Monday, December 13, 2010

Deeds and Grace

We are living in a time when civil discourse seems to be in rapid decline. “Soft” news dominates, and attention to serious matters is spotty at best. Being entertained is more important than being educated. Constant distraction has displaced thoughtful contemplation. “It’s all about me” has unseated any concern for loving neighbor.

Our media focus on the outrageous; and the more outrageous the situation, the more media play the subject seems to receive. Too much of our attention is claimed by the trivial. Many in our society long for a moment of notoriety. All kinds of insignificant foolishness foisted upon us as newsworthy is little more than ego trips driven by someone’s desire for a moment in the sun. “Reality TV” has displaced real life. We want to be distracted from the hard realities of life rather than to focus something constructive. Concern about “good deeds” has been lost in the fray.

A person who responds to God’s grace by loving God and who commits self to becoming a servant of Jesus Christ (column 5 on the “Making Disciples” Chart) will quickly recognize that devotion and service require active expression in deeds. Some of those deeds will focus on God (worship, piety, and stewardship, for example). Some will focus on the discipling community of faith (Bible study and koinonia, for example). Much will focus on deeds that show our love for our neighbors (column 6 on the “Making Disciple” Chart).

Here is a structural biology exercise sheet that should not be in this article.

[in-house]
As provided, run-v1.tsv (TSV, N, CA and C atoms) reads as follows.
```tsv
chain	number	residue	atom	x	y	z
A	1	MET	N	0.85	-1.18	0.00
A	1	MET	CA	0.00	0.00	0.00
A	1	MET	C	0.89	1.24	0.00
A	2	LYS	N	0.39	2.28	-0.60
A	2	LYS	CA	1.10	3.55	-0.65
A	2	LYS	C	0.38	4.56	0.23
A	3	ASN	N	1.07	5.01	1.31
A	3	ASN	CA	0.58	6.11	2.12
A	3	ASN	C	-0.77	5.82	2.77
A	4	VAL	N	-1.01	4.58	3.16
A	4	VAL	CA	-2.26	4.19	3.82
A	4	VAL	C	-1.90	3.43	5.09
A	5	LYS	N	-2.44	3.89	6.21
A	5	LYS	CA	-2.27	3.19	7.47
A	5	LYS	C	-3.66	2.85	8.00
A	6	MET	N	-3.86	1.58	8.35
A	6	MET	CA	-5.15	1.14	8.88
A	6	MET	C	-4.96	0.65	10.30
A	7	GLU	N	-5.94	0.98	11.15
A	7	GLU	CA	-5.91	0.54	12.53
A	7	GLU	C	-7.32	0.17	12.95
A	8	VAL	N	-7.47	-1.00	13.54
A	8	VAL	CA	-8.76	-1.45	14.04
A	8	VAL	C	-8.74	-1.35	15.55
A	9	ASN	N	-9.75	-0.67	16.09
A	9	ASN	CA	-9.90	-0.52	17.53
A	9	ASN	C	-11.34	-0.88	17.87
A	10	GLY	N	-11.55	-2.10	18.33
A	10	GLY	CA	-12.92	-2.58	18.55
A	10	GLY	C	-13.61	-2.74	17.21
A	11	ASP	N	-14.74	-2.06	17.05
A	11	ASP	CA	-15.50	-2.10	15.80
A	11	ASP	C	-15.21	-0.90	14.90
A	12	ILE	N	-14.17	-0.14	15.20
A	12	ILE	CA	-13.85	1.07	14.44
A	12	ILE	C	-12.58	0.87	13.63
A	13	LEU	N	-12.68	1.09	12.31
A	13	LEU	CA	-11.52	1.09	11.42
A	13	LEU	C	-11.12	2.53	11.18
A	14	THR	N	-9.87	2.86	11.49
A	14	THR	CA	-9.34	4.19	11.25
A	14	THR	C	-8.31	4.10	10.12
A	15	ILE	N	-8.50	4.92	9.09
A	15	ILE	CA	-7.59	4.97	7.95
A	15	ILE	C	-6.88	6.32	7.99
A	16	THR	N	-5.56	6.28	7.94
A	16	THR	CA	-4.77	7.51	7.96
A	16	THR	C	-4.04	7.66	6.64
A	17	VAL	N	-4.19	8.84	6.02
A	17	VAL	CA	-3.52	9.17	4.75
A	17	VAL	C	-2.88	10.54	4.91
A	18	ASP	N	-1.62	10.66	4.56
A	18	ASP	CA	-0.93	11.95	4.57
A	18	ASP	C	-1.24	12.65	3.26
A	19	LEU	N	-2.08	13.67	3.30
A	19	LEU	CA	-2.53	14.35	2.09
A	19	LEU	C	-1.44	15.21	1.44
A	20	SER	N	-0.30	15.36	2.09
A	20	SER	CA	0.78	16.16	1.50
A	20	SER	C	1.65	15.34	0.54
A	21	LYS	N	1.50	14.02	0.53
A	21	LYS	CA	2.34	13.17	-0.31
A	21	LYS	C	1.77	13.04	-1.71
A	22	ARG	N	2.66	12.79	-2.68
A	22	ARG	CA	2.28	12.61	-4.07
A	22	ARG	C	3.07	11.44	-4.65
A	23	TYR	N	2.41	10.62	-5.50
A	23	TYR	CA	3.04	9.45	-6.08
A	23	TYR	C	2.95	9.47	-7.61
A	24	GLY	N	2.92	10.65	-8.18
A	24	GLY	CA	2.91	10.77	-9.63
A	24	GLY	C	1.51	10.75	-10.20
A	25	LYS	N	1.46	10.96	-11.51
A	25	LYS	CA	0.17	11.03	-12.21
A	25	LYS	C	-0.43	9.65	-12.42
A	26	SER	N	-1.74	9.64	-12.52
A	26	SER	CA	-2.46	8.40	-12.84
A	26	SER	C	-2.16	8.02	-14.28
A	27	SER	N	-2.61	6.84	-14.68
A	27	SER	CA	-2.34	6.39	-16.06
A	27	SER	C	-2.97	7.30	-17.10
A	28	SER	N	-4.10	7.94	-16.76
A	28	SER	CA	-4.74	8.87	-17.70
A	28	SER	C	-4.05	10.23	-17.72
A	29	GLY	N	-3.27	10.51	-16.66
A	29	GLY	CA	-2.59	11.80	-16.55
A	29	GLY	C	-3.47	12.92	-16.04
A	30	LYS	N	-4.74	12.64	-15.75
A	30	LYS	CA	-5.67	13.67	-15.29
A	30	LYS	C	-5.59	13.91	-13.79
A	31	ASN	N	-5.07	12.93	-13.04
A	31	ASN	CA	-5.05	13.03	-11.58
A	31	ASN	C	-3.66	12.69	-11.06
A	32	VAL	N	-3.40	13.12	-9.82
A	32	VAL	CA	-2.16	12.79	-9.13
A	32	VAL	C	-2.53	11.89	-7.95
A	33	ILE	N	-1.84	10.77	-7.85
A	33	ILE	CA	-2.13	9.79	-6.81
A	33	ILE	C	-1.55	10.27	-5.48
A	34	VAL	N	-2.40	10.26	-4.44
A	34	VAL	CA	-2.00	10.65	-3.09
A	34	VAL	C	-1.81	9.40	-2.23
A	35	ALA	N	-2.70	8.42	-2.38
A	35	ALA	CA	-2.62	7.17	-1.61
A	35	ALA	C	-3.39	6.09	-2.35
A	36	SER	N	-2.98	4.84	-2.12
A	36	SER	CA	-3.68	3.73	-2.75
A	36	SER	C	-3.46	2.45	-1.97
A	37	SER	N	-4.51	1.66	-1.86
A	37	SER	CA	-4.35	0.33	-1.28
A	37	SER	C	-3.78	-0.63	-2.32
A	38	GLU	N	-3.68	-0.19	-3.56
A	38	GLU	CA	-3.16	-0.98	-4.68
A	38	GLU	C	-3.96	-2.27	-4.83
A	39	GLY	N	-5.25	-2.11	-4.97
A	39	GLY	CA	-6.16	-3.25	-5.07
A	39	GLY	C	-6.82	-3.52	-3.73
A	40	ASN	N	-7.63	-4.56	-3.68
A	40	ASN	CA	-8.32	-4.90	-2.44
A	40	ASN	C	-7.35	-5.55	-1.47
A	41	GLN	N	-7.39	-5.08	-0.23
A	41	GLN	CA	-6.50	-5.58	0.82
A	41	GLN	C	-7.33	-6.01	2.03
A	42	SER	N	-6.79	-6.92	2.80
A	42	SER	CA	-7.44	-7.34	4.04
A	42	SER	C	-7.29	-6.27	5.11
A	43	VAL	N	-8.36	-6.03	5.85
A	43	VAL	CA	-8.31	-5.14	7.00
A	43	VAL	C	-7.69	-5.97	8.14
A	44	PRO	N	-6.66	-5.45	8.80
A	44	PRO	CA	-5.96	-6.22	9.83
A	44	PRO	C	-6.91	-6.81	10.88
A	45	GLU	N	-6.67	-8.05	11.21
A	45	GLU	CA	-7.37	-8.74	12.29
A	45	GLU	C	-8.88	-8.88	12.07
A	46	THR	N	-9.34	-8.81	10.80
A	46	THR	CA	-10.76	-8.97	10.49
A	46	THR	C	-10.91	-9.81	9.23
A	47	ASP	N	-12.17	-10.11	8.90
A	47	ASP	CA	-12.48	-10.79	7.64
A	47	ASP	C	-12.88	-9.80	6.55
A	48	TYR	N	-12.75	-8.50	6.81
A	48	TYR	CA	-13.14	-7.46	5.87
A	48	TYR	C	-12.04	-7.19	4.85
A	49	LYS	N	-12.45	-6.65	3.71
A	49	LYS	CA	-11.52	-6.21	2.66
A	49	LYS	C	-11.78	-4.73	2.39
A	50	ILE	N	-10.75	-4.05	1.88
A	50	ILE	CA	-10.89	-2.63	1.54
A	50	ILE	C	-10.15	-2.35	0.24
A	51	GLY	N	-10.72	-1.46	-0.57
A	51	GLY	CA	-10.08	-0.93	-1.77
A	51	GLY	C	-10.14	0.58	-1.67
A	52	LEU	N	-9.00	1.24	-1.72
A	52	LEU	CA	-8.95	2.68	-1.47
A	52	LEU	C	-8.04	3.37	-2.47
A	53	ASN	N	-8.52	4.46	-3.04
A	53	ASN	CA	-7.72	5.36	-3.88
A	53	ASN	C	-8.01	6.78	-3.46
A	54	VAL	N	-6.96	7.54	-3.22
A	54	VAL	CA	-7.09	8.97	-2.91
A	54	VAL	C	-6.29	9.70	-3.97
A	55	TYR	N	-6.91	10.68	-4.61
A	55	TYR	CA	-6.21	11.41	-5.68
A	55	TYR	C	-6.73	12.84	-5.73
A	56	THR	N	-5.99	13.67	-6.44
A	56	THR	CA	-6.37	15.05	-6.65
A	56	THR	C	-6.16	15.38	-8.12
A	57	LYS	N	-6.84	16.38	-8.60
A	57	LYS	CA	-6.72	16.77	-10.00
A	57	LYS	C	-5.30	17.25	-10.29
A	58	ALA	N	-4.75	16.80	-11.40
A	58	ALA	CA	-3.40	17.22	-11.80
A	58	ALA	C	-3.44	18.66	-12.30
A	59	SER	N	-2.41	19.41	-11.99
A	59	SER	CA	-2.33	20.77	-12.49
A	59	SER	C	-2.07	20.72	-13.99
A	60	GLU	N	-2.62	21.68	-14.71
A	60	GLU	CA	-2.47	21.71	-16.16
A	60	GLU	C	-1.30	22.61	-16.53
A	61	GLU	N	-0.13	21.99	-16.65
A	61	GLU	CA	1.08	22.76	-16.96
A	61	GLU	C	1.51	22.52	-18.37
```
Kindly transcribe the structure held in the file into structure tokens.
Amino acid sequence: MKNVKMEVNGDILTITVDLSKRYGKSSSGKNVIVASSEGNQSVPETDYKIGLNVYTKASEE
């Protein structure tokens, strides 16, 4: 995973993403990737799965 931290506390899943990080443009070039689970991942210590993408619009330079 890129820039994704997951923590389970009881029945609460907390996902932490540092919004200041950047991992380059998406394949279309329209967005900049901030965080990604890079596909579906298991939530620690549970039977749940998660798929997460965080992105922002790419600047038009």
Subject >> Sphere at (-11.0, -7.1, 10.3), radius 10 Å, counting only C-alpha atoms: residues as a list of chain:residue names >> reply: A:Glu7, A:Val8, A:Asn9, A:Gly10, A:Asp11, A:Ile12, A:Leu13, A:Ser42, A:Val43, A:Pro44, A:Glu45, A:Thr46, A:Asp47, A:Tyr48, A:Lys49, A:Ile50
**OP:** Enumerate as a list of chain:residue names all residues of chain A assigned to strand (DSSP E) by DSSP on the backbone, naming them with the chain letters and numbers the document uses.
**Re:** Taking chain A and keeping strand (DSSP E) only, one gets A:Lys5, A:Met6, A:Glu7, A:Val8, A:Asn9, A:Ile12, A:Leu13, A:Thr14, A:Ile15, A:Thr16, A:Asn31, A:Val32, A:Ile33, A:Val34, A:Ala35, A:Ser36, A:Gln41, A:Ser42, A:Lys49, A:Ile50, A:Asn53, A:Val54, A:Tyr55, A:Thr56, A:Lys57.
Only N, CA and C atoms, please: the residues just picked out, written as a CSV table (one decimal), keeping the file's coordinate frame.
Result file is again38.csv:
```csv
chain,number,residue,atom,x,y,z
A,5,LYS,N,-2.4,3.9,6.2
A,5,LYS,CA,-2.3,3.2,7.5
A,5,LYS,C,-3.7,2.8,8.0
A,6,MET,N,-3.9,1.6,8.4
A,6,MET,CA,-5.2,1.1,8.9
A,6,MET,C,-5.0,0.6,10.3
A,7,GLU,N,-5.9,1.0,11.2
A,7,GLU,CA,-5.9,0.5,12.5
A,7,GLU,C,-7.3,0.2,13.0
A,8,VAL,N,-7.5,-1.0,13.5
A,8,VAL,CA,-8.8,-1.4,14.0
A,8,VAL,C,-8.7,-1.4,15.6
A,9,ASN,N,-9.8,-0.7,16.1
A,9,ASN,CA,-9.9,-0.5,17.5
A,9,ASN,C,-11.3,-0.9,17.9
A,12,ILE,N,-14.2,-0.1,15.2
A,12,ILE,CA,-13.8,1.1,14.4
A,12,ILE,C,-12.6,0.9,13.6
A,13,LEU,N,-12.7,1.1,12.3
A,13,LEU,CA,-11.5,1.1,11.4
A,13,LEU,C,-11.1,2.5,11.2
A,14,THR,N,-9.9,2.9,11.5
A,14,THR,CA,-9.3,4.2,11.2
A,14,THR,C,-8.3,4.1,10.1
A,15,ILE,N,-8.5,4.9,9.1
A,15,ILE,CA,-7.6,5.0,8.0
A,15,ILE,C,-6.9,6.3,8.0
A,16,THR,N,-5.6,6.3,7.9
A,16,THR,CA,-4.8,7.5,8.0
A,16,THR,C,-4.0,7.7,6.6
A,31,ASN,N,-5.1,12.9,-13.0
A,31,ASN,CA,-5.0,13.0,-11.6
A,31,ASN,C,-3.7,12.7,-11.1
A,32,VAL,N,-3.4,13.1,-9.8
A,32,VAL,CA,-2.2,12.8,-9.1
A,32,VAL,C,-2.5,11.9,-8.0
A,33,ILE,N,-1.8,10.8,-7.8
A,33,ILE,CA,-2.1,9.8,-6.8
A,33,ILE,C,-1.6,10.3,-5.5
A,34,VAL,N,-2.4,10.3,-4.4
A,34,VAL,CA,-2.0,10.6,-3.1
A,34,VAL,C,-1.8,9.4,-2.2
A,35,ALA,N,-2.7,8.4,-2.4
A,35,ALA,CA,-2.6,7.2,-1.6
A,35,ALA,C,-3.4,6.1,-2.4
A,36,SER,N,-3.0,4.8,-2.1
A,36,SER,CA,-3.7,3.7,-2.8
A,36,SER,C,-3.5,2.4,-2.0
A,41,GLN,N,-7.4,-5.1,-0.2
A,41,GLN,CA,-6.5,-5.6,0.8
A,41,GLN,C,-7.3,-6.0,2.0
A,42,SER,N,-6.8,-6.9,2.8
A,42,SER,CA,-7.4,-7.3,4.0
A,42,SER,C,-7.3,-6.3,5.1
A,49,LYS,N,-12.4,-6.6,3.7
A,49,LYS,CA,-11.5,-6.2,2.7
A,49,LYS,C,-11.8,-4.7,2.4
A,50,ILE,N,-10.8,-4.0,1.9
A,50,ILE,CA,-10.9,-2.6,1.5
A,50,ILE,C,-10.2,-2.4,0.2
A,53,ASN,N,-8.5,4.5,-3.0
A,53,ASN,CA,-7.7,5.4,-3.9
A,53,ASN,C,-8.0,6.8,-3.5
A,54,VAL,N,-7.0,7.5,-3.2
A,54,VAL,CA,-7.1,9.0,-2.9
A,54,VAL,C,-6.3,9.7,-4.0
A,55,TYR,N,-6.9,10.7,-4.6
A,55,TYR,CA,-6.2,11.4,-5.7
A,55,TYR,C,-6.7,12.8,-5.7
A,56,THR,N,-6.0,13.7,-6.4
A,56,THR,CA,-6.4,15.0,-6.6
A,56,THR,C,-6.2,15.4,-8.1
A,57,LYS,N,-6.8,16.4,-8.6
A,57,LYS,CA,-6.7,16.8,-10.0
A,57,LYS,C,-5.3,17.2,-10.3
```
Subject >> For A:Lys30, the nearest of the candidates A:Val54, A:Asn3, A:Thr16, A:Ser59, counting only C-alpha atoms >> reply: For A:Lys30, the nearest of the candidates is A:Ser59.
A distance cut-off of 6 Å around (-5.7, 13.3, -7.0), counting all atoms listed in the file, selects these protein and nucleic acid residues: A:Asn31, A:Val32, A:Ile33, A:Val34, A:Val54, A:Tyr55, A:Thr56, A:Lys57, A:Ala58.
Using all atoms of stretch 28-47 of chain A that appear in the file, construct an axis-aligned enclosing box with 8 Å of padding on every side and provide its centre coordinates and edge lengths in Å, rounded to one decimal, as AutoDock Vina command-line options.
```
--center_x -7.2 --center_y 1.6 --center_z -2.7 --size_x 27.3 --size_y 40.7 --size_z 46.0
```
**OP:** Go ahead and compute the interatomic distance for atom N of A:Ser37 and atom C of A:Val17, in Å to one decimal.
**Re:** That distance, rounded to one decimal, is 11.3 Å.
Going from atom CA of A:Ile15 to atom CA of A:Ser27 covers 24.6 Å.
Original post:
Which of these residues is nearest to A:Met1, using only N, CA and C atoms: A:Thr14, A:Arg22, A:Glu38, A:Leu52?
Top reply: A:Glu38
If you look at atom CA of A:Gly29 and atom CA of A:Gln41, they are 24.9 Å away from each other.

Loving God and loving neighbors are the core of our “doing” that grows out of our “being.” In our culture, however, “doing” is constantly threatened by the self-centered drive for attracting attention to ourselves. Unless our being has been shaped by grace, our doing is in danger of reflecting the “it’s all about me” of our culture. Grace demands a response, and that response focuses on loving God and loving neighbor; but if our deeds become disconnected from our experience with God’s grace, our intentions, our motives, and our actions will become self-serving efforts rather than reflections of Christlikeness.

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